Food & Drink Magazine

Extending the Vegetable Growing Season with a Poly Tunnel

By Angela @daisyangel1
Spring is racing along and the benches of the greenhouse are occupied by plants that have been over wintering protected from the cold, along with an increasing number of seedlings. Growing space is limited inside the greenhouse,  as it is in the raised beds, this limits my choice of fruit and vegetables for growing. So I find myself waiting for the soil outside to warm up before I can plow ahead with growing my vegetables and fruit.

growing seedlings in polytunnel

Beetroot and Salad Seedlings

There will be gardeners that are far ahead in the growing season than I, those that have a poly tunnel. For they will have enjoyed salad crops all year round, and spring will have arrived 6 weeks earlier inside the warmth of a poly tunnel.

If you have space in your garden or have an allotment then a poly tunnel can have a dramatic effect on the volume of fruit and vegetables you can produce. I have always imaged poly tunnels requiring a huge amount of space but they start from the size of an average greenhouse, up to ones suitable for a larger garden or allotment. Or you could really up size it if you were in the possession of a small holding.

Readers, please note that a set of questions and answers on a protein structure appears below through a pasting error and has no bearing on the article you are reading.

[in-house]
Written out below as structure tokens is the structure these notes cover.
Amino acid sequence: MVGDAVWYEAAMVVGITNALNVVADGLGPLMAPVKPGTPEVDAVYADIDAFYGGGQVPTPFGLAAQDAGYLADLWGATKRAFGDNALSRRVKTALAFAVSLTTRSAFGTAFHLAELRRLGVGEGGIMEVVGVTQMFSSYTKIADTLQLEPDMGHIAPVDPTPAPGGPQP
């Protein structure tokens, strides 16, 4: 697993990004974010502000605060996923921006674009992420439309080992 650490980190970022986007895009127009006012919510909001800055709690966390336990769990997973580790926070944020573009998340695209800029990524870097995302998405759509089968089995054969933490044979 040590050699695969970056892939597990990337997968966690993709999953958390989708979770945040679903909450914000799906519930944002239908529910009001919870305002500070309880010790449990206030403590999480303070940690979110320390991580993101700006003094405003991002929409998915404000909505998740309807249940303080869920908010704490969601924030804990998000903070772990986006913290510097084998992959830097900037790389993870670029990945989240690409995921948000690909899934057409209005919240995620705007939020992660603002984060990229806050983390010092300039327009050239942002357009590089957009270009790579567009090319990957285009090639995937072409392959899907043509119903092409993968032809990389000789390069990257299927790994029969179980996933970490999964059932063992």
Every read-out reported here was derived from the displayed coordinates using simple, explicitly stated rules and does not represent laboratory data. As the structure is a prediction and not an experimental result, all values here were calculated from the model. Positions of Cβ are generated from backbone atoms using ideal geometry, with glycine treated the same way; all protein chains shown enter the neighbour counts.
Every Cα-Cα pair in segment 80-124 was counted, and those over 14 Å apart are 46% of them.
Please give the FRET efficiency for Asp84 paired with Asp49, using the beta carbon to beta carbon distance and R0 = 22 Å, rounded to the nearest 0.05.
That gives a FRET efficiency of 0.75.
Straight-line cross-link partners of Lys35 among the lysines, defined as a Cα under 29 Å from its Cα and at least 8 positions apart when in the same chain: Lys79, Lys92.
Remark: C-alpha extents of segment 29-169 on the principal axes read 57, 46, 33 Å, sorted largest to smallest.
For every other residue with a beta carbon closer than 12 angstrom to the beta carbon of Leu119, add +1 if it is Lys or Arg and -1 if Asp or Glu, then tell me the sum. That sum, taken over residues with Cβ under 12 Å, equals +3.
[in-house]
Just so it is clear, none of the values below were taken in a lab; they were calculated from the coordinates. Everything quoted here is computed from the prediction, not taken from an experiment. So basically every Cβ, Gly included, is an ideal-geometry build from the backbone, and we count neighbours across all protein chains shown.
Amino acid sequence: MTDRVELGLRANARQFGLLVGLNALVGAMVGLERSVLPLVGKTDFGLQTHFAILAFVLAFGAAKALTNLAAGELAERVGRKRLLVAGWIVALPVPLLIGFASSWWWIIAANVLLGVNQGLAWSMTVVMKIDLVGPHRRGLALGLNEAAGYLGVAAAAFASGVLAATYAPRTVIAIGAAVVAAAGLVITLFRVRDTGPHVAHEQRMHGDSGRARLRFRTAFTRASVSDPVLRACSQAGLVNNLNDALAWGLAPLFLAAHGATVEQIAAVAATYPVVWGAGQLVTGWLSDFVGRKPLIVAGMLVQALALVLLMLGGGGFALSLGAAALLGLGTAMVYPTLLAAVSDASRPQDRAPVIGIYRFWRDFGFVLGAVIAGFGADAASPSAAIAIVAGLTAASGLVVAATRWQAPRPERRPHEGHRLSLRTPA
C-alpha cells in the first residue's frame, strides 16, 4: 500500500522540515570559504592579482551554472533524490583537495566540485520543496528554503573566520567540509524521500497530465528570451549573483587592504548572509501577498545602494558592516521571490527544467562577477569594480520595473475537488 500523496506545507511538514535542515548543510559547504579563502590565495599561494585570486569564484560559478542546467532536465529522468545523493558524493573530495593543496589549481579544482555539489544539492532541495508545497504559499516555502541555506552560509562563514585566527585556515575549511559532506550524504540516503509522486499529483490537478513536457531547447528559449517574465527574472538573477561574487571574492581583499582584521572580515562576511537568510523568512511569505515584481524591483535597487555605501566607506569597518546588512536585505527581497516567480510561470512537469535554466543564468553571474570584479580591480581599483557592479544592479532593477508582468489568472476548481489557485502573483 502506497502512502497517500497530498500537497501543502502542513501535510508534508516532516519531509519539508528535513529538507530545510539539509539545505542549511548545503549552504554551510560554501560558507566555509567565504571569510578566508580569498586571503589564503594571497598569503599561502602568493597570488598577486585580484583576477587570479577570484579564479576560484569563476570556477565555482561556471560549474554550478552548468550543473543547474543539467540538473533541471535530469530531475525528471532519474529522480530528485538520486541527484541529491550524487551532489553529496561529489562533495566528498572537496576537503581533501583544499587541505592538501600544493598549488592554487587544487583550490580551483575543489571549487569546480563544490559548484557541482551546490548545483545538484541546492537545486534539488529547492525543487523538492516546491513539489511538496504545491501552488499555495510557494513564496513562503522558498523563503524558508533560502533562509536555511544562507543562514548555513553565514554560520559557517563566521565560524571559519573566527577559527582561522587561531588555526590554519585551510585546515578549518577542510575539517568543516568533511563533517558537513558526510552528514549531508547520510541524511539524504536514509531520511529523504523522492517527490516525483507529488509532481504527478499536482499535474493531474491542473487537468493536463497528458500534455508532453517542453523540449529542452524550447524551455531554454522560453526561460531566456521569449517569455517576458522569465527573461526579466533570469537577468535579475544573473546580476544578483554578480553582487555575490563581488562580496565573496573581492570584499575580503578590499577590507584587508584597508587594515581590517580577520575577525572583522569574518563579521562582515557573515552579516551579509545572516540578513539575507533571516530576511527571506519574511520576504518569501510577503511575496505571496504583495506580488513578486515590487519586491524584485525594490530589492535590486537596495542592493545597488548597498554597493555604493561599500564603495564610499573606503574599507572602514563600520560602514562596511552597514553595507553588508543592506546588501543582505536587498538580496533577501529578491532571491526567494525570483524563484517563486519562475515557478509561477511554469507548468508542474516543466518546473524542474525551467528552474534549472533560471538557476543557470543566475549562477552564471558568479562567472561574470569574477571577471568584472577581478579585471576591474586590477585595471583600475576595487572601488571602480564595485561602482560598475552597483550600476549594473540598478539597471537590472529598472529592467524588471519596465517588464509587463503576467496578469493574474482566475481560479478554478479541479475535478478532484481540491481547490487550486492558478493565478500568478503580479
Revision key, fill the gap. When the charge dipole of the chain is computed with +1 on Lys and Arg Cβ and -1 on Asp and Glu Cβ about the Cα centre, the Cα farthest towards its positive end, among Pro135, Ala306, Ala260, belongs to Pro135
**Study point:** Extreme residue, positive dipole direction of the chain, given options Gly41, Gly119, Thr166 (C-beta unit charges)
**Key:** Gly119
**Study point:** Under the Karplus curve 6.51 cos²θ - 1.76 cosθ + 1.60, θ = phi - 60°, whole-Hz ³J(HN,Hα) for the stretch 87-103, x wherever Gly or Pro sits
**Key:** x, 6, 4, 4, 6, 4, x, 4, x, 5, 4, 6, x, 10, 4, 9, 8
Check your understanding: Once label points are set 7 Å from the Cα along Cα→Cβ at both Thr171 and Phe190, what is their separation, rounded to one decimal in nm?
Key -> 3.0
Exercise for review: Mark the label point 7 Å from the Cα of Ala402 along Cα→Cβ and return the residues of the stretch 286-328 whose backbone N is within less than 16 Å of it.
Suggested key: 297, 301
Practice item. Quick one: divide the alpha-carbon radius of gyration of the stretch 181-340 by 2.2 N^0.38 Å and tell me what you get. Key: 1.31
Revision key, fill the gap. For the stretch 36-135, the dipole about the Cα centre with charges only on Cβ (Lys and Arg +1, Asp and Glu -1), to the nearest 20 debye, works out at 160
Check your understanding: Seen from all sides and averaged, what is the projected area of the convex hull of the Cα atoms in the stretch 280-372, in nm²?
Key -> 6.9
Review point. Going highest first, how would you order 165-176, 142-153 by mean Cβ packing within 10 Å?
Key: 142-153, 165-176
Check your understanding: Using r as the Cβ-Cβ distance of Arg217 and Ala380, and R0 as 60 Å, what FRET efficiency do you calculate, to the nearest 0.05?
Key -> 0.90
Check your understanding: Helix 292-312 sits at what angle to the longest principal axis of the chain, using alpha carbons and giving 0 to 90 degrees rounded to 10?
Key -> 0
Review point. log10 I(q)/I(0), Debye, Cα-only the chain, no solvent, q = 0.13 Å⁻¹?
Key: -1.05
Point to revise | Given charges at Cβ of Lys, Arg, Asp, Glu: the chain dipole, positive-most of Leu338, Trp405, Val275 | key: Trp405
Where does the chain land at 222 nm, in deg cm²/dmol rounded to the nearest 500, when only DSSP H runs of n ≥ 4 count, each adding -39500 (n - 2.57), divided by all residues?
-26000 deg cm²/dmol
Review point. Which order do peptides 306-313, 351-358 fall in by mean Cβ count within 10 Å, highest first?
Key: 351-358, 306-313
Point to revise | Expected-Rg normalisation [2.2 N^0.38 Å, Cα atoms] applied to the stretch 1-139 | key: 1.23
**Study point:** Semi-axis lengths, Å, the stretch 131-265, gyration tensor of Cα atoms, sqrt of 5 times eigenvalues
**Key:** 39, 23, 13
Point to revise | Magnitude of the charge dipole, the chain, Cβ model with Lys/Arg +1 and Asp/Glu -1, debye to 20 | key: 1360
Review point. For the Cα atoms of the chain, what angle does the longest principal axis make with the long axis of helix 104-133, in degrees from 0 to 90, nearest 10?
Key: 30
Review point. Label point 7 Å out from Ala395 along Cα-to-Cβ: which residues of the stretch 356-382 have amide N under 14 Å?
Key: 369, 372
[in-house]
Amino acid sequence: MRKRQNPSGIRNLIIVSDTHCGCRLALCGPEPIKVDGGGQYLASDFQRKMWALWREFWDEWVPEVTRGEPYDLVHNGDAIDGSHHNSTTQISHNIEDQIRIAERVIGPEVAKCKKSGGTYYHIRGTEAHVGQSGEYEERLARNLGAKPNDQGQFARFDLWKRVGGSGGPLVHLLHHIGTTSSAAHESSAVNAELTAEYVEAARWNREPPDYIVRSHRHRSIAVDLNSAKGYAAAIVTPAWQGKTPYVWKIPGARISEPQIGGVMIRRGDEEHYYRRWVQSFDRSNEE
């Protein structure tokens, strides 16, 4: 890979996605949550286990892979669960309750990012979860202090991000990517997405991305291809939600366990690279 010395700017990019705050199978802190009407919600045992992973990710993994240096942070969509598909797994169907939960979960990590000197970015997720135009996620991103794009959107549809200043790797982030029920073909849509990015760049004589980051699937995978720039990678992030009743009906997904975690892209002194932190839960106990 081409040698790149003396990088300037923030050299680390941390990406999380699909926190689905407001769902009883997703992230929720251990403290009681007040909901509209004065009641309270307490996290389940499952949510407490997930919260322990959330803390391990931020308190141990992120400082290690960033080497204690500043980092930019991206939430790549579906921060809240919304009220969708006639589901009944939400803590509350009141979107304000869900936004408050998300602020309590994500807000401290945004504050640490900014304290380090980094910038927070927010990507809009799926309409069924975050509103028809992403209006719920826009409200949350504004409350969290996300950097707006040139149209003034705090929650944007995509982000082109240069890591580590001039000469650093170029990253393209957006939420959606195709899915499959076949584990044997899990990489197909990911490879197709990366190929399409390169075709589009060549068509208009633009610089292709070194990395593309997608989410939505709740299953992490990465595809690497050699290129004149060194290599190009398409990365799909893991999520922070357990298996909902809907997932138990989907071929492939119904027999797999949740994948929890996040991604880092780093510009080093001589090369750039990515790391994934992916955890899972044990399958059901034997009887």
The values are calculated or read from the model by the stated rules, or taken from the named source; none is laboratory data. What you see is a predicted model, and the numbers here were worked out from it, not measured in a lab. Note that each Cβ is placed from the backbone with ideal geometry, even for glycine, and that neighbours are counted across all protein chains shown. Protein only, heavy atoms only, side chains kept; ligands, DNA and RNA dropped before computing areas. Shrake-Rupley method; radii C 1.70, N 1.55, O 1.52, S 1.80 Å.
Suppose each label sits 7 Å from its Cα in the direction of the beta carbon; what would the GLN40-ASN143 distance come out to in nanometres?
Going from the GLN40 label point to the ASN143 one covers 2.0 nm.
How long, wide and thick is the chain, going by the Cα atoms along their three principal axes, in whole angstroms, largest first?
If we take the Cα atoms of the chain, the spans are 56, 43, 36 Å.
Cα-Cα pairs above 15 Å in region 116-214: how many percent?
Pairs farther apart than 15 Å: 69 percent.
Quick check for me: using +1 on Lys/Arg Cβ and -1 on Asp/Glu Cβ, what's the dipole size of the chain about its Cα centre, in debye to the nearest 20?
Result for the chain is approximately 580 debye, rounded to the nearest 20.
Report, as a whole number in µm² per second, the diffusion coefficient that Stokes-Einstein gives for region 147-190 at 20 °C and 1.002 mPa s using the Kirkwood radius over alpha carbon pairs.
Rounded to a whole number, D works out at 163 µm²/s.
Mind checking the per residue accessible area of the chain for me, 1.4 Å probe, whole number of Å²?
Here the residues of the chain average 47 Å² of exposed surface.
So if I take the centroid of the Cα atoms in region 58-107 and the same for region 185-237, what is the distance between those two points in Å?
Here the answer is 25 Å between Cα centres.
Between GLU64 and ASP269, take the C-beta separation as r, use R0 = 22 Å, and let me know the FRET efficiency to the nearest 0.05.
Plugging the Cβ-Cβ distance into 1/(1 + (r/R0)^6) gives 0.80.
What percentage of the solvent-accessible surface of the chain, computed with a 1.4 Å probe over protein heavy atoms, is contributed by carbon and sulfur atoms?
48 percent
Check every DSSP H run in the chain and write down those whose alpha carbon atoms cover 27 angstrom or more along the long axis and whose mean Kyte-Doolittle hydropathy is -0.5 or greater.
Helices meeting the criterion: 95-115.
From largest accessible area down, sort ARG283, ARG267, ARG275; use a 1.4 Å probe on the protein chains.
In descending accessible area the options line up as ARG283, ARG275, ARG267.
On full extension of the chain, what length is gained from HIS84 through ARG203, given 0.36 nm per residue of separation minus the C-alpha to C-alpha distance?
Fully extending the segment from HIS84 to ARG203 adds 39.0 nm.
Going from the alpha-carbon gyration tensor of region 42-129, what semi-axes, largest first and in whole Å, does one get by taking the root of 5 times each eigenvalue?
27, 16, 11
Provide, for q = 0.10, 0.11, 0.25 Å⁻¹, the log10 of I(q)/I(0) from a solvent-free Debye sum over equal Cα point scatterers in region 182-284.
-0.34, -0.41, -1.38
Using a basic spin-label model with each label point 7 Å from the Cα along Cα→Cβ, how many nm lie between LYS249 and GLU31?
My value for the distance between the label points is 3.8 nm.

No matter the size of your fruit and vegetable plot, there is nothing quite so enjoyable as sowing your vegetable seeds and watching them grow. The satisfaction to harvesting and eating fresh home grown fruit and vegetables can not be matched. The gardening infographic below from Premier Poly Tunnels shares some interesting poly tunnel facts and some recipes to make the most of all the home grown fruit and vegetables. I certainly like the sound of the Courgette and Tomato Soup recipe a great way to use up a glut and freezable too.
A home grown health kick polytunnel

This is a sponsored post.

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